Thriving in the Dry Years

by Howard Glass

C. S. Lewis, in his classic The Screwtape Letters, mentions the long, dull, monotonous years of middle age as excellent weather for the devil's work. Many people know how difficult it can be to keep their love of life and love for God vibrant during this time.

Children grow up and leave the nest. Energy wanes with advancing years. Much that we delighted in when younger seems routine. The level of comfort we strove for in our youth has arrived but means little to us. When they don't relish life the way they once did many assume they are depressed.

Awareness of depression has increased in recent years for many reasons. Better health education has driven away stigma and given us greater openness about mental health. Many seek professional help for their listless "spirits." It is almost fashionable to do so. The pharmaceutical companies have tapped into this demand and market a variety of products.

But Christians might want to explore God-centered options before taking the pill route. After all, joy is a part of the Christian life no one should be denied.

Some help is found in John 15, where Jesus uses the vine to illustrate how we must abide in Him (vv. 4-10.) Here is what we need: the ability to not only remain in Christ but to thrive through the long dry season that may characterize our later years.

Abiding might seem a passive thing. It is not. A branch is constantly drawing nourishment from its life-giving vine, constantly trying to bear fruit. To abide requires actively resisting the downward pressure life puts on us, continually doing our best to bear fruit. We learn how as we read on.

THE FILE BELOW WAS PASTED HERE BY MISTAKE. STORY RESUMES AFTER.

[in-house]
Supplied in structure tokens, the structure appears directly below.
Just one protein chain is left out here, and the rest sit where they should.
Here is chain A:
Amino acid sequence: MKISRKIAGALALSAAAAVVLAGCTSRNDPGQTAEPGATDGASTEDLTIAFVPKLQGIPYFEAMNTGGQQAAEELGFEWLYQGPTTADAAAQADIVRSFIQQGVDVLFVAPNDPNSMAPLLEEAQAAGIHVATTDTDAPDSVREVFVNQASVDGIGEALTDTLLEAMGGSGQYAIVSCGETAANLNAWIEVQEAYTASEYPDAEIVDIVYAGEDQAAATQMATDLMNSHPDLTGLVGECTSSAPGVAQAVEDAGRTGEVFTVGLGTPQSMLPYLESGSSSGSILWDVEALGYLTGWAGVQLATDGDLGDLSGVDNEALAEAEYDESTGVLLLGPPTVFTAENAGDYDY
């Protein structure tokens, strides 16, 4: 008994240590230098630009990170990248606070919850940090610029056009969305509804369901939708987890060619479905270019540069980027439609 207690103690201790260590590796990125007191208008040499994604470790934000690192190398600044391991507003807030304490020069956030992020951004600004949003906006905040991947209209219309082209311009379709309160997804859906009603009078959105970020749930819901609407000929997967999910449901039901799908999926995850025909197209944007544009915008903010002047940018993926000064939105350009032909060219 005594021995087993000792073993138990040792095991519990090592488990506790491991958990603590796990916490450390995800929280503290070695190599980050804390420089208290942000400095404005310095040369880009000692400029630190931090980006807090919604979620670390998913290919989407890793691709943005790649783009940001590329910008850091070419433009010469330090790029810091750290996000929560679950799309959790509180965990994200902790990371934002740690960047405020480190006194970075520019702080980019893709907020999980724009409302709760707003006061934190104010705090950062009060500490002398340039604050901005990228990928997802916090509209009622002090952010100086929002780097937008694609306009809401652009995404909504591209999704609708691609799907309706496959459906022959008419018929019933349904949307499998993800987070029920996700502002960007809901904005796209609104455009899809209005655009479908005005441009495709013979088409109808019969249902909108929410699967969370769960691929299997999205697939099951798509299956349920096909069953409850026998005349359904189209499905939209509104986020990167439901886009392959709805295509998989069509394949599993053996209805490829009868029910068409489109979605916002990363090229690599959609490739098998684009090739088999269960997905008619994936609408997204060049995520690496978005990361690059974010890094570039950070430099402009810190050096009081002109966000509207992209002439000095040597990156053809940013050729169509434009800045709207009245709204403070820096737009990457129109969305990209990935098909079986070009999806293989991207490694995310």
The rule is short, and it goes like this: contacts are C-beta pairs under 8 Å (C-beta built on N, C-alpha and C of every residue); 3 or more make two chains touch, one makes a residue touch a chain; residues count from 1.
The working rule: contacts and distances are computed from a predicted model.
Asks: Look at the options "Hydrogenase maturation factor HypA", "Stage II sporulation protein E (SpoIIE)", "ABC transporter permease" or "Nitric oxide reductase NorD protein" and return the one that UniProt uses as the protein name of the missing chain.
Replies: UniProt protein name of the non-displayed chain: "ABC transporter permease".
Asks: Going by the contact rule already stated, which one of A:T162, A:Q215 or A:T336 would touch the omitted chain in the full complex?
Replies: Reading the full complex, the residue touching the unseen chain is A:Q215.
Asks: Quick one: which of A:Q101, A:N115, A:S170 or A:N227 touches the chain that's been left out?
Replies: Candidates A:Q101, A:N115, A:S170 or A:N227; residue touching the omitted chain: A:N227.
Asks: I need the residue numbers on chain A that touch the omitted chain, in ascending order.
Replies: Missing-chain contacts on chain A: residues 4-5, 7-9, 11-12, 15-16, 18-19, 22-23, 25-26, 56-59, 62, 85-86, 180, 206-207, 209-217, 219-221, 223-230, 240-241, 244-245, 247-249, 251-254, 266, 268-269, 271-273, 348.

Our Lord tells us to love one another. The phrase might seem worn, but if one sets his eyes on finding some needy soul (people are needy in a variety of ways) or some loving task to set his hand to, I guarantee he, or she, will find useful work. In fact, there may not be enough time and strength to do everything that comes to hand. Jesus did not love others passively. Neither should we.

Jesus points out in verse 18 that the world might hate us. But it has nothing to hate when we are mired in feelings of uselessness, right where the devil wants us. We can all be involved somehow in God's work.

Though depressed people often need medicine, they should first examine their whole life. There is no need to feel useless if that is part of the problem. Ministries can usually find a place for another volunteer. Good work goes undone everywhere for lack of hands, and many willing hands are overworked. Even the totally disabled can minister through prayer.

Being engaged in service leaves less room for things that contribute to depression; less opportunities for the devil. Fruitful branches are more valuable to God's Kingdom and therefore receive greater attention from the One who dresses the vine (vv.1-2).

Howard Glass is a freelance writer who currently attends the East Main Street Presbyterian Church
in Grove City, Penn., where he serves as a small group leader.

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